HOME > Chowhound > Cheese >

Discussion

gruyere cheese

  • k

Hi Everyone,

I'm planning on making French onion soup this weekend. When checking upon recipes, they usually call for gruyere cheese. I have not had this type of cheese before, and I am not a big fan of strong flavoured cheese. So can anyone tell me more about this cheese, and what can I substitue with it? Thanks in advance.

  1. Click to Upload a photo (10 MB limit)
Delete
  1. Gruyere is a type of Swiss cheese. Personally, I'm not a fan of Swiss (tastes like stinky feet to me). My husband is, though, so I'll buy it for him and if I can, I'll use it for his portion and use another cheese or leave the cheese out of my portion.

    If you're doing baked French onion soup with the cheese melted on top, Swiss is going to probably be your best bet. If you aren't a fan of Swiss, I recently made French onion soup without doing the melted cheese and it was fantastic on its own.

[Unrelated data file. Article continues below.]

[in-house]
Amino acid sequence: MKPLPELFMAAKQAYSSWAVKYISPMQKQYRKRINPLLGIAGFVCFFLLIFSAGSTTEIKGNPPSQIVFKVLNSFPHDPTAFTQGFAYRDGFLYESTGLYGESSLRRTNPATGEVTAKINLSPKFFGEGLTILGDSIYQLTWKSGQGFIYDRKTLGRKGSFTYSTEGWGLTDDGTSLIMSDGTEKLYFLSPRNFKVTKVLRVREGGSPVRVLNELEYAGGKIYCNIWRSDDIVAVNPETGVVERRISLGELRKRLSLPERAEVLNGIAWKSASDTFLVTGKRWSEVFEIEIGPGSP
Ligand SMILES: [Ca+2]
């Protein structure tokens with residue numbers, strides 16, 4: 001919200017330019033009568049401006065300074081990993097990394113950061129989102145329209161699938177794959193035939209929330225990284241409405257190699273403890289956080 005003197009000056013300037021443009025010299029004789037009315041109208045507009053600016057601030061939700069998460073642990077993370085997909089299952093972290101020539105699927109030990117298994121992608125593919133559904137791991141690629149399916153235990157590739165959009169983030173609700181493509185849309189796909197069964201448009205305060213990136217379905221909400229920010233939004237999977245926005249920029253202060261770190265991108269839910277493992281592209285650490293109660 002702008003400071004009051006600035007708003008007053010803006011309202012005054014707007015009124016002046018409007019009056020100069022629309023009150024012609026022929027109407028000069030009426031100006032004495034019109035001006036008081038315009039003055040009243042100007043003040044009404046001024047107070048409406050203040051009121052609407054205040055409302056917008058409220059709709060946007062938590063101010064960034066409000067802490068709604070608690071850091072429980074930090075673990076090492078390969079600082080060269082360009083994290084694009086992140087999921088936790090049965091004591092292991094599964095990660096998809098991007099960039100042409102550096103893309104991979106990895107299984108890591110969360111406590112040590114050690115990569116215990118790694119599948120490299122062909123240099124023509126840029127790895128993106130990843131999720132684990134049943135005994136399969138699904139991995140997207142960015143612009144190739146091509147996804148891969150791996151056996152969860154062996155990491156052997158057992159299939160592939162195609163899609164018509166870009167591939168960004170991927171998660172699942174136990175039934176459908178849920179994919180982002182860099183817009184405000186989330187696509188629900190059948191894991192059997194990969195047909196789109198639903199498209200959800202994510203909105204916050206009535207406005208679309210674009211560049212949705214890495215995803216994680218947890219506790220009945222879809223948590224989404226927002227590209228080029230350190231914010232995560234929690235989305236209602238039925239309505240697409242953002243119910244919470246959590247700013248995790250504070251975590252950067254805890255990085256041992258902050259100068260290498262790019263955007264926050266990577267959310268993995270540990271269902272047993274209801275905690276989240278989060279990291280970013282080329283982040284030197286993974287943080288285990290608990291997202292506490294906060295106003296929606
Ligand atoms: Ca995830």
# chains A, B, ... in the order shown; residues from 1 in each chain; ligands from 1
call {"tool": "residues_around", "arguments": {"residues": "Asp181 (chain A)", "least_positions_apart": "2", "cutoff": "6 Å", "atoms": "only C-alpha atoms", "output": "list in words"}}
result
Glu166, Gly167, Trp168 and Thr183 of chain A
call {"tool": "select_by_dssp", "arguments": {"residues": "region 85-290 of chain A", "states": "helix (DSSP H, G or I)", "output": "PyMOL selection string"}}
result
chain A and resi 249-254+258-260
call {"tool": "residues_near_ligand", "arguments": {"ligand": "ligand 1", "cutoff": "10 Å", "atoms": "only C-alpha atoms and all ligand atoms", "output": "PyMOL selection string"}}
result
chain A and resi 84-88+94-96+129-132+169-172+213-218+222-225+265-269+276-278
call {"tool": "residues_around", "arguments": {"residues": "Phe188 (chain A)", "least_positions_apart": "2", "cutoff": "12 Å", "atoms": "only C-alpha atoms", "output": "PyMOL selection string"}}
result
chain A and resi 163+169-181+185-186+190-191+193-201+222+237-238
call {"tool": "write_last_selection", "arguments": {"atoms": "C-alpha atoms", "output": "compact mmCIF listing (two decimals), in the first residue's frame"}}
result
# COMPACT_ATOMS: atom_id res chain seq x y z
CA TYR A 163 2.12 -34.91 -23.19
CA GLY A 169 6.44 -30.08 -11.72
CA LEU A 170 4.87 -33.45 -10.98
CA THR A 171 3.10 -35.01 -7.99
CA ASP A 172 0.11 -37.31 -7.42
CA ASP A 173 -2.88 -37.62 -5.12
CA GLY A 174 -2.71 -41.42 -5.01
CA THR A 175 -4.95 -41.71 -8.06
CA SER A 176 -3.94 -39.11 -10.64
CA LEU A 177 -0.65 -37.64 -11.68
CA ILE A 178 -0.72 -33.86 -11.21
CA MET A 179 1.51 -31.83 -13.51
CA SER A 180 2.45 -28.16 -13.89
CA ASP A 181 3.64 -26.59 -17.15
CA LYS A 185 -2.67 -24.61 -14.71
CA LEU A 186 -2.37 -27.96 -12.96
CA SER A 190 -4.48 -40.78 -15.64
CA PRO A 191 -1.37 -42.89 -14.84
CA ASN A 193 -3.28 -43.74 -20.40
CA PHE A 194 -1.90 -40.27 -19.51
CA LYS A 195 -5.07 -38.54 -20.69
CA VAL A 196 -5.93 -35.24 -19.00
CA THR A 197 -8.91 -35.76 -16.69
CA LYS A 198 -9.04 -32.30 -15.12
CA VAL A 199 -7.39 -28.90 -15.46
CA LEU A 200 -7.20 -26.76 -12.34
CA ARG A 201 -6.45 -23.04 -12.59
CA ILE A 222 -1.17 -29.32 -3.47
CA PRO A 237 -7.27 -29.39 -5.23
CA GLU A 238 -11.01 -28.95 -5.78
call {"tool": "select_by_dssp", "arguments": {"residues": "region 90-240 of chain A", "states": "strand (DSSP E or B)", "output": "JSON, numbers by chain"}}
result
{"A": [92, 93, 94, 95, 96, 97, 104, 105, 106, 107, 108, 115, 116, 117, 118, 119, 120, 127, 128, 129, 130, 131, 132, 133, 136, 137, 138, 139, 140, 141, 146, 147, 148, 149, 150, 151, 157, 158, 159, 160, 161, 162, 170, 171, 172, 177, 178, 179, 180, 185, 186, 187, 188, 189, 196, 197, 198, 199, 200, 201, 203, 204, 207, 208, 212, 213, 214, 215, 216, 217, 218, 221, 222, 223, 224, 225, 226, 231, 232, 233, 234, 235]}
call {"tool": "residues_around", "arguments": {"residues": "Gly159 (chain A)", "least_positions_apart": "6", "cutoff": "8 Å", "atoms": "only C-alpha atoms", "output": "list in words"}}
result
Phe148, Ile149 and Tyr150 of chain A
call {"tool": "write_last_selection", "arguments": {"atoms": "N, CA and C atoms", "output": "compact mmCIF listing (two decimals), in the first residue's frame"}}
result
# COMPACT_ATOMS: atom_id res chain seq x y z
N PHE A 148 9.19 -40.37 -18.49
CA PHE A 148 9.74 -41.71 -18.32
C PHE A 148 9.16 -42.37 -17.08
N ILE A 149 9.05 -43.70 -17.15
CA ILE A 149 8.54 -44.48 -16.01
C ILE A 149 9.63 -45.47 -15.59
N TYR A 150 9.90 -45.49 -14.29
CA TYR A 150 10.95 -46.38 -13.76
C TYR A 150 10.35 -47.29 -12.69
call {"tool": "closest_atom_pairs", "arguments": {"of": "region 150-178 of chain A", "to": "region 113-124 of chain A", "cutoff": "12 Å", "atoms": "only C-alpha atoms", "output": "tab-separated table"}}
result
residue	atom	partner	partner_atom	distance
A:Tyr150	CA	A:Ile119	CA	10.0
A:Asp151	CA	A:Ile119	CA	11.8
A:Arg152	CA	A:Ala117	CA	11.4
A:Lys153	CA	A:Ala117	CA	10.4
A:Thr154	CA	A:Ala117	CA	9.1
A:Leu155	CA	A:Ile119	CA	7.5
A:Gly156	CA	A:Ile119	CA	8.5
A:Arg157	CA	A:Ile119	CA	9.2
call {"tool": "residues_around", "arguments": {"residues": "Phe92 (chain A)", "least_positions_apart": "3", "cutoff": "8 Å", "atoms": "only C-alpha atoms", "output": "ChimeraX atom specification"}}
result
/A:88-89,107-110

1. It's similar to Swiss cheese. If you do a search on gruyere, there was a similar topic last week with a lot of options....

      1. As mentioned, Gruyere is a type of Swiss Cheese named after the town of Gruyeres in Switzerland. It is strong in both flavor and price, so you can probably go with any other type of less expensive, less strong swiss as a viable option.

        I like swiss cheese, and I think Gruyere is delicious, but out of my budget most of the time, so I go with an Irish swiss or Emmental.

        1. Gruyere is my favorite cheese. It's not strong, and has a sort of nutty taste. It's a fantastic match with the onion soup. Gruyere has several price points, depending mostly on the length of aging (and the quality of manufacture). Young gruyeres can be relatively inexpensive.